“I think all of that had some impact on his overall decision making,” Drouin’s agent Allan Walsh told Sportsnet. “One day when he’s retired and 50 years old, that hospital [which will begin serving patients for the first time this coming October] will still be here and he’ll have played a role in its development. That means something to him.

“But I think more than anything else he wants to help people. If he can help people—the hospital is going to be the largest hospital in North America and there’s a tremendous need for it in the city—and if he can use the fact that he plays for the Montreal Canadiens to do that, I wish more players felt that kind of responsibility to their communities.”

As noted in the Sportsnet piece above, Drouin is following in the footsteps of Saku Koivu and P.K. Subban, who made generous donations in the community during their time in Montreal.

The Habs acquired Drouin from the Lightning in June, sending prospect defenseman Mikhail Sergachev to Tampa Bay. They then signed the 22-year-old forward — who was born in nearby Ste-Agathe, Que. — to a six-year, $33 million contract.

It won’t be long before the pressure falls on Drouin’s on-ice ability, especially playing as a potential No. 1 center in Montreal and essentially being a hometown player for the Habs. But without even playing a meaningful game for his new team, he’s already giving back to an important cause in the city.

“And when you look at that, if you make $6 million and you give $50,000 a year, it’s not a big deal and you get tax receipts,” he said, per the Montreal Gazette. “But it’s a commitment, and being involved in the community and doing something for your community I think it’s something that you have to do.”

Lupul apologizes, takes ‘full responsibility’ after calling out Maple Leafs on Instagram

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Joffrey Lupul made headlines earlier this week after appearing to make accusations against the Toronto Maple Leafs on Instagram.

The comments — which have since been deleted but caught on a screen grab — came after the Maple Leafs announced Lupul failed his physical prior to training camp for the second year in a row.

“I’m ready … just awaiting the call,” Lupul wrote in the comments section of the Instagram post, per the screen grab. “haha failed physical? They cheat. Everyone lets them.”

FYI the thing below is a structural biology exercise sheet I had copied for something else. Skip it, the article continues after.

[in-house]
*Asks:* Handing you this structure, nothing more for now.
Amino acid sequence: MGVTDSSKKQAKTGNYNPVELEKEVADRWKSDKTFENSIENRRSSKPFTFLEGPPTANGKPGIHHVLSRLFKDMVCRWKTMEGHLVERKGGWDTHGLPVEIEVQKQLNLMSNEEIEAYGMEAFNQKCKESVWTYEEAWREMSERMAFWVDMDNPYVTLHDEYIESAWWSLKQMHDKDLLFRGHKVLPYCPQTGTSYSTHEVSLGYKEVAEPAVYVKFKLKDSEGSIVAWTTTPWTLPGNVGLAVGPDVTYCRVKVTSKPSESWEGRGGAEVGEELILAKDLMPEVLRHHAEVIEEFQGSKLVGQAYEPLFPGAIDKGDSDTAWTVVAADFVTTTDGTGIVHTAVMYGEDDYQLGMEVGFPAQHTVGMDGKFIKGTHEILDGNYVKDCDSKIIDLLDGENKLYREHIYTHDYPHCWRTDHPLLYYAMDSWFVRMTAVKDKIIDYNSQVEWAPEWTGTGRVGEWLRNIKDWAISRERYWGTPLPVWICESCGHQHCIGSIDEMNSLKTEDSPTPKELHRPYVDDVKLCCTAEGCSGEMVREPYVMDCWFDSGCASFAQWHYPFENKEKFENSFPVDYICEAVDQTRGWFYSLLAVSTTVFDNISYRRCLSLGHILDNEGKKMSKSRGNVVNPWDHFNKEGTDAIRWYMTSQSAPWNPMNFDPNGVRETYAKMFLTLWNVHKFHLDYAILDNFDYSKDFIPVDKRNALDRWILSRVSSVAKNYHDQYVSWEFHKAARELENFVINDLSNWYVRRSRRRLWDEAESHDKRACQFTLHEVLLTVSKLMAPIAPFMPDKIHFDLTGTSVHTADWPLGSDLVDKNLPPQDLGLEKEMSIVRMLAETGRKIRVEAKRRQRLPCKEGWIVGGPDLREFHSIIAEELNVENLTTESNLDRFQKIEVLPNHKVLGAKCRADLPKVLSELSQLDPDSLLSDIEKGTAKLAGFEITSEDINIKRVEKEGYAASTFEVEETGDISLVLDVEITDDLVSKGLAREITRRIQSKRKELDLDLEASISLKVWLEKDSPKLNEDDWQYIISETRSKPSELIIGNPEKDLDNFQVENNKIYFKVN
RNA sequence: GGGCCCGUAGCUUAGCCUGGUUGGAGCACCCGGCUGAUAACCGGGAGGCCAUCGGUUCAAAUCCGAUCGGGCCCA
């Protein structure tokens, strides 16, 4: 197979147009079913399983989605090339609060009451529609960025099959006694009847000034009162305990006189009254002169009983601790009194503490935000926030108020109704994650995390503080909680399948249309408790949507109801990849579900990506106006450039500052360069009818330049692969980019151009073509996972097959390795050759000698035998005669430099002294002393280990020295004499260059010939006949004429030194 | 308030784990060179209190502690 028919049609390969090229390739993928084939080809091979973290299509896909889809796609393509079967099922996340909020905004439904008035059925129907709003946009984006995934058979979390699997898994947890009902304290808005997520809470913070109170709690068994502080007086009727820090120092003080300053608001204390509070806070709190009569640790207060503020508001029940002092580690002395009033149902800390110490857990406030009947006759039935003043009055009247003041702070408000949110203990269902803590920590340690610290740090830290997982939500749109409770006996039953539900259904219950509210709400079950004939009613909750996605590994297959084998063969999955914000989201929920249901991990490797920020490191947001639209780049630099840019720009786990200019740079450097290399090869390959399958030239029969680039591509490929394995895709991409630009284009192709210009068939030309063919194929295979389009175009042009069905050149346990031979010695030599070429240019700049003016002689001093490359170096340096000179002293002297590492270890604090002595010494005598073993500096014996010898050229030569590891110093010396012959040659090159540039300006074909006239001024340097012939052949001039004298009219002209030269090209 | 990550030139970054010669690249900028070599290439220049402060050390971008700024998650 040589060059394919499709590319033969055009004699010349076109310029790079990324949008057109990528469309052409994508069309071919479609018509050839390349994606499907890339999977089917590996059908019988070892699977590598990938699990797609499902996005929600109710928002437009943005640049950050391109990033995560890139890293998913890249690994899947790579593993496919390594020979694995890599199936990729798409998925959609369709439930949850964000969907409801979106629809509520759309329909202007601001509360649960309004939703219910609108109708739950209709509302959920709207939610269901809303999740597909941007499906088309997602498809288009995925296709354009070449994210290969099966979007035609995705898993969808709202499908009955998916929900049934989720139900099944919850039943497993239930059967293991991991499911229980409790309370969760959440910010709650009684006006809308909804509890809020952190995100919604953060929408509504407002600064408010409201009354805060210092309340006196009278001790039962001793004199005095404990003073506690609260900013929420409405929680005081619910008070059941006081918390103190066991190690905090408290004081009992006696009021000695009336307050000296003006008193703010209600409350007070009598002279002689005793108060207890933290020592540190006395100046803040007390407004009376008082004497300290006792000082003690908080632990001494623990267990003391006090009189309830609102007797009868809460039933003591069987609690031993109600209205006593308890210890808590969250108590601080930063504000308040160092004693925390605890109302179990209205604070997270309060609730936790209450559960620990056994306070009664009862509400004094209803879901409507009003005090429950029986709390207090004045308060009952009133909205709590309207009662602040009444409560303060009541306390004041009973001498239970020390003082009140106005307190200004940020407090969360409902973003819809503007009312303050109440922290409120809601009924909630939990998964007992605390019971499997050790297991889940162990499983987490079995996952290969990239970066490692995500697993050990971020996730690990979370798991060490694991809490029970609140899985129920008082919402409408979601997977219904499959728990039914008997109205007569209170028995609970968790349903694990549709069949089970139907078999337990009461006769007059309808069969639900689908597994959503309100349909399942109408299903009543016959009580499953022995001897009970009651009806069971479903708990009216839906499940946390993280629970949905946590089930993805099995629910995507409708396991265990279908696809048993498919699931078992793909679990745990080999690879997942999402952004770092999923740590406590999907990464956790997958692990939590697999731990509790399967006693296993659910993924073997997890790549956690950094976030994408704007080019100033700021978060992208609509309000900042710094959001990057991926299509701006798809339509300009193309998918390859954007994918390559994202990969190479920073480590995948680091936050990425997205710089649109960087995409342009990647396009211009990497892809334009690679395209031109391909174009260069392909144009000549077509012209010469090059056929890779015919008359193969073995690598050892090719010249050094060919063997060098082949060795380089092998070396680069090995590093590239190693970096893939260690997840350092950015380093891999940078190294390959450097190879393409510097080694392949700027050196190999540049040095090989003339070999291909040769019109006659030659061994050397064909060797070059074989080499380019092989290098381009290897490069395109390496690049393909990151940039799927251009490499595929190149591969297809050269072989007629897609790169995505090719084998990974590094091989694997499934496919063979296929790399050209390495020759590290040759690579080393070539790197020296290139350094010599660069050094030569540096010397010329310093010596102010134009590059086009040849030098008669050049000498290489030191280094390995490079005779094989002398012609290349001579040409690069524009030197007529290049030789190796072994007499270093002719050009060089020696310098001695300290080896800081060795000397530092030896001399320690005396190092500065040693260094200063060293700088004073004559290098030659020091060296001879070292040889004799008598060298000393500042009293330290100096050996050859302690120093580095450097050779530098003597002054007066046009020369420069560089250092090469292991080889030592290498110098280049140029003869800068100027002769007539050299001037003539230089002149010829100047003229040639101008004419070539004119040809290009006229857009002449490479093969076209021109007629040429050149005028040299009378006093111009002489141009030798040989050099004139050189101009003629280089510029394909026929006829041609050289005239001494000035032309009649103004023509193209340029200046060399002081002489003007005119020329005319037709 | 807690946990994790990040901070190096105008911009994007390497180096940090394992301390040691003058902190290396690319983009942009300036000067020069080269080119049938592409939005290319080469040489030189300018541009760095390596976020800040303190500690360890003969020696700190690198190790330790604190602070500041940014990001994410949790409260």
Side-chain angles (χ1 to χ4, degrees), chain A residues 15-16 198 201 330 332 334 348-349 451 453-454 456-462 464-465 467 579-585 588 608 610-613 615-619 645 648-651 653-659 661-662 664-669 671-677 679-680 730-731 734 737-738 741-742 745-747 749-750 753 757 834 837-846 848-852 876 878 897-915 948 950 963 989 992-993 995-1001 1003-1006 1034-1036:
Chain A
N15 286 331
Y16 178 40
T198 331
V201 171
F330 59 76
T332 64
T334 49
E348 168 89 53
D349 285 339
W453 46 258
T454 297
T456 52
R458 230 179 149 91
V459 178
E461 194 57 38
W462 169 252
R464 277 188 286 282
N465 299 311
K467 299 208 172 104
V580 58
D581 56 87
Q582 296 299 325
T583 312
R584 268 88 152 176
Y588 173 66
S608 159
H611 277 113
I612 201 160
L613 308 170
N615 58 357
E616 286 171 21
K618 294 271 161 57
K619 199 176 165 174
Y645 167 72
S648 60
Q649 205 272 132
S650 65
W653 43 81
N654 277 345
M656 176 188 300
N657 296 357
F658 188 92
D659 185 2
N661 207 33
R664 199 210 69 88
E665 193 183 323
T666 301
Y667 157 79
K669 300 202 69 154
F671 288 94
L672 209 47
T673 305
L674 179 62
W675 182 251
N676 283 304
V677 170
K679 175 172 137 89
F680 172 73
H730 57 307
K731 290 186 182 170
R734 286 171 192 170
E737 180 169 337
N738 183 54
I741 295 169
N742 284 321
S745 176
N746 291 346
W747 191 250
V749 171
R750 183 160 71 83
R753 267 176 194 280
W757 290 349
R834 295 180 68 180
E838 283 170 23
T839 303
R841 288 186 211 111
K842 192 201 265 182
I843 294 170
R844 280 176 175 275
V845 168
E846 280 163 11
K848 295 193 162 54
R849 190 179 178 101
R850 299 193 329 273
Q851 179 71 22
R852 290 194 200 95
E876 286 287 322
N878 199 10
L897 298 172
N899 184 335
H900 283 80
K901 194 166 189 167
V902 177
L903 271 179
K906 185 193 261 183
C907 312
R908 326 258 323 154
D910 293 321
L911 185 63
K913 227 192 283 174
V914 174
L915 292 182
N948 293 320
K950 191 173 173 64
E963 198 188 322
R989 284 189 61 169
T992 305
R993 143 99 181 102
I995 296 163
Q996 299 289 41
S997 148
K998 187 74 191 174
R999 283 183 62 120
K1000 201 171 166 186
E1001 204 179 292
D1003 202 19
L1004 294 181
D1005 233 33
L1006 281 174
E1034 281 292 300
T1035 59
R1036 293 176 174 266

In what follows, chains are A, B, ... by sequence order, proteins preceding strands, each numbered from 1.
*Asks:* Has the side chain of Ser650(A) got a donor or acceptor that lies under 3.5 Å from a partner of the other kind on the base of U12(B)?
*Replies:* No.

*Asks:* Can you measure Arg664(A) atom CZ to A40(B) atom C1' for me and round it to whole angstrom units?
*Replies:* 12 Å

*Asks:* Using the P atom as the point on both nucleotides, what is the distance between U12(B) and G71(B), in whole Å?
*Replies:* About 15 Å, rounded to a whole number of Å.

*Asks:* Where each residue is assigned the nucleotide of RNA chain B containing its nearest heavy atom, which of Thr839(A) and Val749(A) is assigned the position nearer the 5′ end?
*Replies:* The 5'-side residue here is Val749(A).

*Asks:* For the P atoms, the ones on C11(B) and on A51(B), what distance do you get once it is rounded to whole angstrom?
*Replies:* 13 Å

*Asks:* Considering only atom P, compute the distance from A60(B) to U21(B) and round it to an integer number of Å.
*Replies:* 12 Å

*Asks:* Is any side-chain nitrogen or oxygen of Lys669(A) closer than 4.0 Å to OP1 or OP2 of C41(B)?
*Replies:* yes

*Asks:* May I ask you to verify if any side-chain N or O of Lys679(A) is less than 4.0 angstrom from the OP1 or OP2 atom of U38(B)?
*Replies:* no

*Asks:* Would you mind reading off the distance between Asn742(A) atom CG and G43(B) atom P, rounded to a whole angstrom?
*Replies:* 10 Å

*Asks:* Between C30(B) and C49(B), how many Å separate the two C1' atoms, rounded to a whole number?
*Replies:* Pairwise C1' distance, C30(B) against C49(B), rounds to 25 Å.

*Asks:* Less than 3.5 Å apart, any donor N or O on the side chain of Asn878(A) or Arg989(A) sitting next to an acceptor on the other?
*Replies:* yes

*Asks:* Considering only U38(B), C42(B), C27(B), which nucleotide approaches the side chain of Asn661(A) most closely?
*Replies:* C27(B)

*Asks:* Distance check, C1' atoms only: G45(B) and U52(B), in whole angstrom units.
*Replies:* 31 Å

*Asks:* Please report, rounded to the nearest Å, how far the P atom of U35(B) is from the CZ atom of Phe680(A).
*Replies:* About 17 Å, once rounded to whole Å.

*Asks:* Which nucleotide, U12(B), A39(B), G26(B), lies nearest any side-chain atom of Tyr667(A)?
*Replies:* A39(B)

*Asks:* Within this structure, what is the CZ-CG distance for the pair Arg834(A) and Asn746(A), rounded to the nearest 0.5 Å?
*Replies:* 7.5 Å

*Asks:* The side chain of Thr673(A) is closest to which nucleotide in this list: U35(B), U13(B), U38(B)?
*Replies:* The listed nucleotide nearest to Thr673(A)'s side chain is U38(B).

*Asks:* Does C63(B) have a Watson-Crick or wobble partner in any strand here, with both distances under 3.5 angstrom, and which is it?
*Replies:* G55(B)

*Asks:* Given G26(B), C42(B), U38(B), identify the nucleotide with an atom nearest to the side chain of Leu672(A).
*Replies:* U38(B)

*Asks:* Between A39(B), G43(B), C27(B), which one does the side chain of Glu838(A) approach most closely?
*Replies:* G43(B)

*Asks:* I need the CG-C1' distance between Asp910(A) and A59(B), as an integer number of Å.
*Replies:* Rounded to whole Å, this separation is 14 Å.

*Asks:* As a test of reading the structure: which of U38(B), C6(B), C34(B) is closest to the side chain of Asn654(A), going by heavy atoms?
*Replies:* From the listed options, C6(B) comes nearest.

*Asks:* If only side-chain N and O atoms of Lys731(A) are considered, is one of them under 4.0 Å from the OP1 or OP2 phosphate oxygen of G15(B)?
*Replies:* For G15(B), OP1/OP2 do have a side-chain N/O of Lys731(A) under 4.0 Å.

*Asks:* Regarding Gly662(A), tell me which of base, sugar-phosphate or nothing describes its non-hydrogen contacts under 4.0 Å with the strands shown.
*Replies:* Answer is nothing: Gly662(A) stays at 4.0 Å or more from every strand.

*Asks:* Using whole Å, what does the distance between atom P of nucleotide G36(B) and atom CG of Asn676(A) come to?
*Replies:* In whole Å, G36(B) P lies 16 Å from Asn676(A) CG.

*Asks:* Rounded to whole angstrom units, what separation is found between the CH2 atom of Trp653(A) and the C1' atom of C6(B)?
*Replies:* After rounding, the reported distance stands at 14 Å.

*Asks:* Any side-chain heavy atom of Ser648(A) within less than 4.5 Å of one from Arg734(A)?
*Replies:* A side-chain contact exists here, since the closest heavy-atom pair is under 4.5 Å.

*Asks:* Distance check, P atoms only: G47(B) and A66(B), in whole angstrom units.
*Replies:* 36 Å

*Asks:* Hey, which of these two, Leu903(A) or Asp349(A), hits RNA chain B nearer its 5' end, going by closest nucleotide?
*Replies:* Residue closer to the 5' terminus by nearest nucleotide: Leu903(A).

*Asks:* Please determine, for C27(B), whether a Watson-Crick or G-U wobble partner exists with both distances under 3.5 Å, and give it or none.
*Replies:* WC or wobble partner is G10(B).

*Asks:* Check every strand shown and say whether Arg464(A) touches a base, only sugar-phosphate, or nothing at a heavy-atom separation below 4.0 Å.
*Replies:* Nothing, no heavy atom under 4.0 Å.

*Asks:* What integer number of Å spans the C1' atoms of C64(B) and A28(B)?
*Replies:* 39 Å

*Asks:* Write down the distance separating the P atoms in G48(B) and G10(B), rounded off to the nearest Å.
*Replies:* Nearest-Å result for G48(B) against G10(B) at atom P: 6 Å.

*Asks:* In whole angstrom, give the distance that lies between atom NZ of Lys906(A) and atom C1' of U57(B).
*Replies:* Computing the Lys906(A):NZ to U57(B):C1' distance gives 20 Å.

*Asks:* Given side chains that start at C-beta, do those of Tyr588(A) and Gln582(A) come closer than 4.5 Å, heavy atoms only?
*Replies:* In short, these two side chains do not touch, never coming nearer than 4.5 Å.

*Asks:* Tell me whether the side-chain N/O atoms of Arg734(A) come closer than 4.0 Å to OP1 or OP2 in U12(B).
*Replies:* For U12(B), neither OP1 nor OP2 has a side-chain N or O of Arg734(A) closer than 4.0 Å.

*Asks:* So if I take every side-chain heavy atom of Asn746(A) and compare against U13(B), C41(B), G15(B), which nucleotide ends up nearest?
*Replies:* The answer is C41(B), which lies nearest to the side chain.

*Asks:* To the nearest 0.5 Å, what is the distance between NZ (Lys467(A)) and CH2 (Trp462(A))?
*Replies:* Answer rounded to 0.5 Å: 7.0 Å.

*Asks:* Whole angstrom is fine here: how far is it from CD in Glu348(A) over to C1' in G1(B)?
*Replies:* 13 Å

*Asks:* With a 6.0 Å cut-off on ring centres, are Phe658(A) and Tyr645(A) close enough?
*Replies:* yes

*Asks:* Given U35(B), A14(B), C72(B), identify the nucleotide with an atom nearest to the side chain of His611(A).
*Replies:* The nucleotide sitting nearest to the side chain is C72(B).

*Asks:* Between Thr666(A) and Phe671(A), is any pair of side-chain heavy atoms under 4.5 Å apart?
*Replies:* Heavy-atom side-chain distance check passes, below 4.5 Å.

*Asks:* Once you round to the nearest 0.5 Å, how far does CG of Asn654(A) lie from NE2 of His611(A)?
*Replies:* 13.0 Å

On Wednesday, the 33-year-old forward, who hasn’t played since the 2015-16 season, posted a statement on his verified Twitter account, saying his Instagram comments were an “inappropriate response.”

Here is his entire statement:

What’s also significant is that he stated he will not seek a second medical opinion regarding this failed physical. As previously noted, that option was available to him, although, per reports, the deadline for this was 5 p.m. on Thursday.

Lupul is in the final year of his five-year, $26.25 million contract.

Erik Cole retires as a member of the Hurricanes

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Erik Cole has officially retired.

The Carolina Hurricanes made the announcement on Wednesday, stating that Cole signed a ceremonial contract with the NHL team and retired as a member of the Hurricanes.

Now 38 years old, Cole played 892 regular season games in the NHL, scoring 265 goals and 532 points. A number of his best seasons occurred while he was with the Hurricanes, reaching 30 goals with the 2005-06 Stanley Cup winning team.

His best season came with the Montreal Canadiens in 2011-12, as he scored 35 goals and 61 points.

His last season was in 2014-15. He began the year in Dallas and was moved to Detroit at the trade deadline, but a spinal cord contusion essentially meant an end to his playing career.

From the Detroit Free Press in April, 2015:

Cole revealed Wednesday that he has a spinal cord contusion severe enough doctors have cautioned him not to play again this spring.

“It stems back from my neck injury in 2006,” Cole said. “When I ran into the player in the Arizona game, I bruised my spinal cord. A spinal contusion is something that you have to let heal and obviously, it’s a pretty serious occurrence. Doctors feel I need to look out for my well-being as a person, not just as a hockey player.”

Cole is now a team ambassador for the Hurricanes.